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History of Psychotropic Drugs
Image: Pill Tray
Source: Museum Victoria
Psychotropic drugs revolutionised the treatment of psychological disorders. They allowed many people to be treated without chronic hospitalisation. However, medications have side effects and also introduce the issue of possible addiction. Long-term use can be problematic.
In 1949 Australian psychiatrist John Cade discovered the anti-manic properties of lithium and introduced it for psychiatric treatment of people with bipolar disorder. It was not approved as a medication until the 1970s.
Chlorpromazine use for schizophrenia followed in 1953. Such a dramatic reduction in symptoms had never been seen before.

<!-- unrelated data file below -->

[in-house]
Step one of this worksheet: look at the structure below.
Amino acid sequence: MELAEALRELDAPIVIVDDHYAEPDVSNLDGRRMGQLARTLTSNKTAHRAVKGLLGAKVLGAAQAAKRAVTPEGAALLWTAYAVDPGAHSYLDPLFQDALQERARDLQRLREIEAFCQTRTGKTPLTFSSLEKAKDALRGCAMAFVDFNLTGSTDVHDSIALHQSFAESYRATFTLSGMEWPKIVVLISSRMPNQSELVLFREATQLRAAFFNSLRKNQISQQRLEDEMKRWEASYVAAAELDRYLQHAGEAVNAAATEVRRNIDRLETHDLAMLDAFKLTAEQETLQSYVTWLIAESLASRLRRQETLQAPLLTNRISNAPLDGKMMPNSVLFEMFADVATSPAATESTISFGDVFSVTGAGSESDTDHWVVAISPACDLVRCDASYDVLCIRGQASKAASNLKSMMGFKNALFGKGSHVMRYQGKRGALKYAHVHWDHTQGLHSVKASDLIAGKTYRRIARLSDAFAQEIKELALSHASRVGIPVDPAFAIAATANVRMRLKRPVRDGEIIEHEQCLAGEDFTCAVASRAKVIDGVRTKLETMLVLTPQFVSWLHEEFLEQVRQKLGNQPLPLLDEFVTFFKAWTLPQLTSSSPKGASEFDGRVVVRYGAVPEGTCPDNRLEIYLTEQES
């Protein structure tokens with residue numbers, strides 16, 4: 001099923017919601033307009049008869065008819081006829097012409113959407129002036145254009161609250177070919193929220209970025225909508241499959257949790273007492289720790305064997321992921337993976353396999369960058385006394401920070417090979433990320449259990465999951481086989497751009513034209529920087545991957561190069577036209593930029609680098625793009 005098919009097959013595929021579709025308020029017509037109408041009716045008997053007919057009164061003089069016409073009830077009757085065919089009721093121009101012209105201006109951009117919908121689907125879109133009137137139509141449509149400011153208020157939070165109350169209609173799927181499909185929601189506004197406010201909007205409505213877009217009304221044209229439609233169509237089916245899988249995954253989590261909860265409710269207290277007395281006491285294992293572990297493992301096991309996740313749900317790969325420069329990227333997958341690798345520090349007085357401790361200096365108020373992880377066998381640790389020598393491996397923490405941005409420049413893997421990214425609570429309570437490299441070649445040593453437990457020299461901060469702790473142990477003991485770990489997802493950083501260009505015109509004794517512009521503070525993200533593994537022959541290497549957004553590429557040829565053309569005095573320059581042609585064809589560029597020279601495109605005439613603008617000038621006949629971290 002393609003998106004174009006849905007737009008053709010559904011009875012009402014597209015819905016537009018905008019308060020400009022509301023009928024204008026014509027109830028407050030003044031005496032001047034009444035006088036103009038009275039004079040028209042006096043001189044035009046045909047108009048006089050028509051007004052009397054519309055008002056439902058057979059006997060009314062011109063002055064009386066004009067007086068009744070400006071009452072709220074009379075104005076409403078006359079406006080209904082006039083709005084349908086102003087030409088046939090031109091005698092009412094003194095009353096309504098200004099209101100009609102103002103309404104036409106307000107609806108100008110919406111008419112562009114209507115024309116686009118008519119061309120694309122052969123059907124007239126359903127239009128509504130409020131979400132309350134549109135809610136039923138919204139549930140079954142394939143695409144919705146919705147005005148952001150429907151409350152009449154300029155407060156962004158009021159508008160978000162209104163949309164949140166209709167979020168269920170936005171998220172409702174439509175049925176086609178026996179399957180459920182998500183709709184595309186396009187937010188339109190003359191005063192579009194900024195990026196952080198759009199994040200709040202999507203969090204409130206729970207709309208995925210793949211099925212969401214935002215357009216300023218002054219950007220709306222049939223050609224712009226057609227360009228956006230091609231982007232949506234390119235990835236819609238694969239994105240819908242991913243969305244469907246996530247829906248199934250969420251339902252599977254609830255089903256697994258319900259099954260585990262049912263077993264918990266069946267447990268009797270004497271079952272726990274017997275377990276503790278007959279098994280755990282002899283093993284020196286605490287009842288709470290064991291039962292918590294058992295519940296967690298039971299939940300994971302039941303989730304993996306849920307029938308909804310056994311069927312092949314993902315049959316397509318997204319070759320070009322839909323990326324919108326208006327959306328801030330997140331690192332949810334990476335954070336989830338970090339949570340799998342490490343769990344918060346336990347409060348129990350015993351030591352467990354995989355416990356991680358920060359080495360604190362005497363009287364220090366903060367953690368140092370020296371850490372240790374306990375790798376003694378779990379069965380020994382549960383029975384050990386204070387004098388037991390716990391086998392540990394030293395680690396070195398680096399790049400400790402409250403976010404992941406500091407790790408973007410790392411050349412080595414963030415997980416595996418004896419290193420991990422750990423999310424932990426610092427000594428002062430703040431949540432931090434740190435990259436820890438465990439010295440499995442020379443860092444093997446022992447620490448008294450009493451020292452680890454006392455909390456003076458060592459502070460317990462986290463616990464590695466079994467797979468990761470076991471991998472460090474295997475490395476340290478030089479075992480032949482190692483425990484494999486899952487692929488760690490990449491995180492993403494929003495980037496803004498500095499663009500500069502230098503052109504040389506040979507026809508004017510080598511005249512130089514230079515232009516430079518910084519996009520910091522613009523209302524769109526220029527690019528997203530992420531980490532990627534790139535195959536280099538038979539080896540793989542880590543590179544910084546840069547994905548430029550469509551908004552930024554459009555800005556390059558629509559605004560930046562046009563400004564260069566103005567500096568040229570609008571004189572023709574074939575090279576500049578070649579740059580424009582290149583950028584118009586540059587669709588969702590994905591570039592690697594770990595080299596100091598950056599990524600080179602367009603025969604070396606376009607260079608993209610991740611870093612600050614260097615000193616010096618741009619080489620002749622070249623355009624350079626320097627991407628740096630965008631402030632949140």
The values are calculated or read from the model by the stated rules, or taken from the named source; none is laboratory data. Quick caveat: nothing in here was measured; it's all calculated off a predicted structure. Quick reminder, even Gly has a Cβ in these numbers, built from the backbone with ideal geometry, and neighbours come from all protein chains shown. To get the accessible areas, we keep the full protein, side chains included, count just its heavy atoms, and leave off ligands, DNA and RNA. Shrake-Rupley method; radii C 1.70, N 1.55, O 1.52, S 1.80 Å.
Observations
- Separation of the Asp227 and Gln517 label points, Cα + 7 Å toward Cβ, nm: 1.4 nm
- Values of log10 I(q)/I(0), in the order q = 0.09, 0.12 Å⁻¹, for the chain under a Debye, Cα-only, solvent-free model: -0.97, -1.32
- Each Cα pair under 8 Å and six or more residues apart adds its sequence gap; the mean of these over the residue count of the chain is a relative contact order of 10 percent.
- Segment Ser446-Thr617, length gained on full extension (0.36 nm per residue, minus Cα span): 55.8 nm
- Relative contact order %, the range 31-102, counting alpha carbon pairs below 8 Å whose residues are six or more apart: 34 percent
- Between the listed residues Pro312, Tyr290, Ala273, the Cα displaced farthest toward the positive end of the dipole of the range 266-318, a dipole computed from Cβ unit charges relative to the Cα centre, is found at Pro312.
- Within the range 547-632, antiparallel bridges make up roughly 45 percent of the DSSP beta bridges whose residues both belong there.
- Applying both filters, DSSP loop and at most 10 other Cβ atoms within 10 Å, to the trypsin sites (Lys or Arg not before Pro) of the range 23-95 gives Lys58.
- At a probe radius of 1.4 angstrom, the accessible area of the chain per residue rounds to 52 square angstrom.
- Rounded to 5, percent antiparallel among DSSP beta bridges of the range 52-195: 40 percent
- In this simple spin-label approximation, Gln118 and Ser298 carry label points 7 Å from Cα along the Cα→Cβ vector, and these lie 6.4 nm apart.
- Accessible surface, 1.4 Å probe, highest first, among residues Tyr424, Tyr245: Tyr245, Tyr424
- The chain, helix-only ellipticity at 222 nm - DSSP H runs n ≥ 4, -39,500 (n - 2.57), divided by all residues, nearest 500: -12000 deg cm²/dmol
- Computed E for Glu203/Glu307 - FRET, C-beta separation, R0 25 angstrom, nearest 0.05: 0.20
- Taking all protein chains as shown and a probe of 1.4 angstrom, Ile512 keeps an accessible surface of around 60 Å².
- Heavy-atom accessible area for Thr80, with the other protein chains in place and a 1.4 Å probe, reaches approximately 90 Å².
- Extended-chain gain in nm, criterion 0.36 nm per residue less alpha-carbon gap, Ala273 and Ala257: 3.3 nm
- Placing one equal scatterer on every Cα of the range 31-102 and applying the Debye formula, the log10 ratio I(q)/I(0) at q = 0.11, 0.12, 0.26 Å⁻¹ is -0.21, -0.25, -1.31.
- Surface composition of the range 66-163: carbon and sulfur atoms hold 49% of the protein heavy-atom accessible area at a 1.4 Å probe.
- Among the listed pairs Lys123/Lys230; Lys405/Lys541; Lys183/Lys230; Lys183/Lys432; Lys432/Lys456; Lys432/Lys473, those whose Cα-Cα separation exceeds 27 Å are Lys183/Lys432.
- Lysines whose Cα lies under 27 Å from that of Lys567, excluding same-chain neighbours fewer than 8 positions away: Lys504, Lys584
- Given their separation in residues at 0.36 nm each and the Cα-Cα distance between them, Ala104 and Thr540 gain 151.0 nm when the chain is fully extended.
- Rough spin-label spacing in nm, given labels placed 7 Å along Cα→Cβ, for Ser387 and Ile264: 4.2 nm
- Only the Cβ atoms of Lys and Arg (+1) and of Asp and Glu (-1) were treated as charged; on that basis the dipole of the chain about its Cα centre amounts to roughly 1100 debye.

Tricyclic drugs, such as Tofranil, were introduced for the treatment of depression in the late 1950s. In 1987 Fluoxetine, also known as Prozac, was introduced and became a widespread and controversial treatment for depression. It belongs to a class of antidepressants that enhance serotonin levels. Its use raises questions about whether people should expect to always be happy.
Benzodiazepines such as Valium were introduced to treat anxiety and sleeplessness.Valium has been prescribed so often that it has almost become a household word.
Psychiatrists argue, however, that drugs are not enough. There is evidence that medication works far better when complemented by therapy.
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Pill Tray - Mayday Hills Hospital, Wood & Metal, circa 1960. Pill tray used by nurses to distribute medications to patients at a mental health hospital Mayday Hills Hospital, Beechworth ...From: Beechworth, Australia Images: 2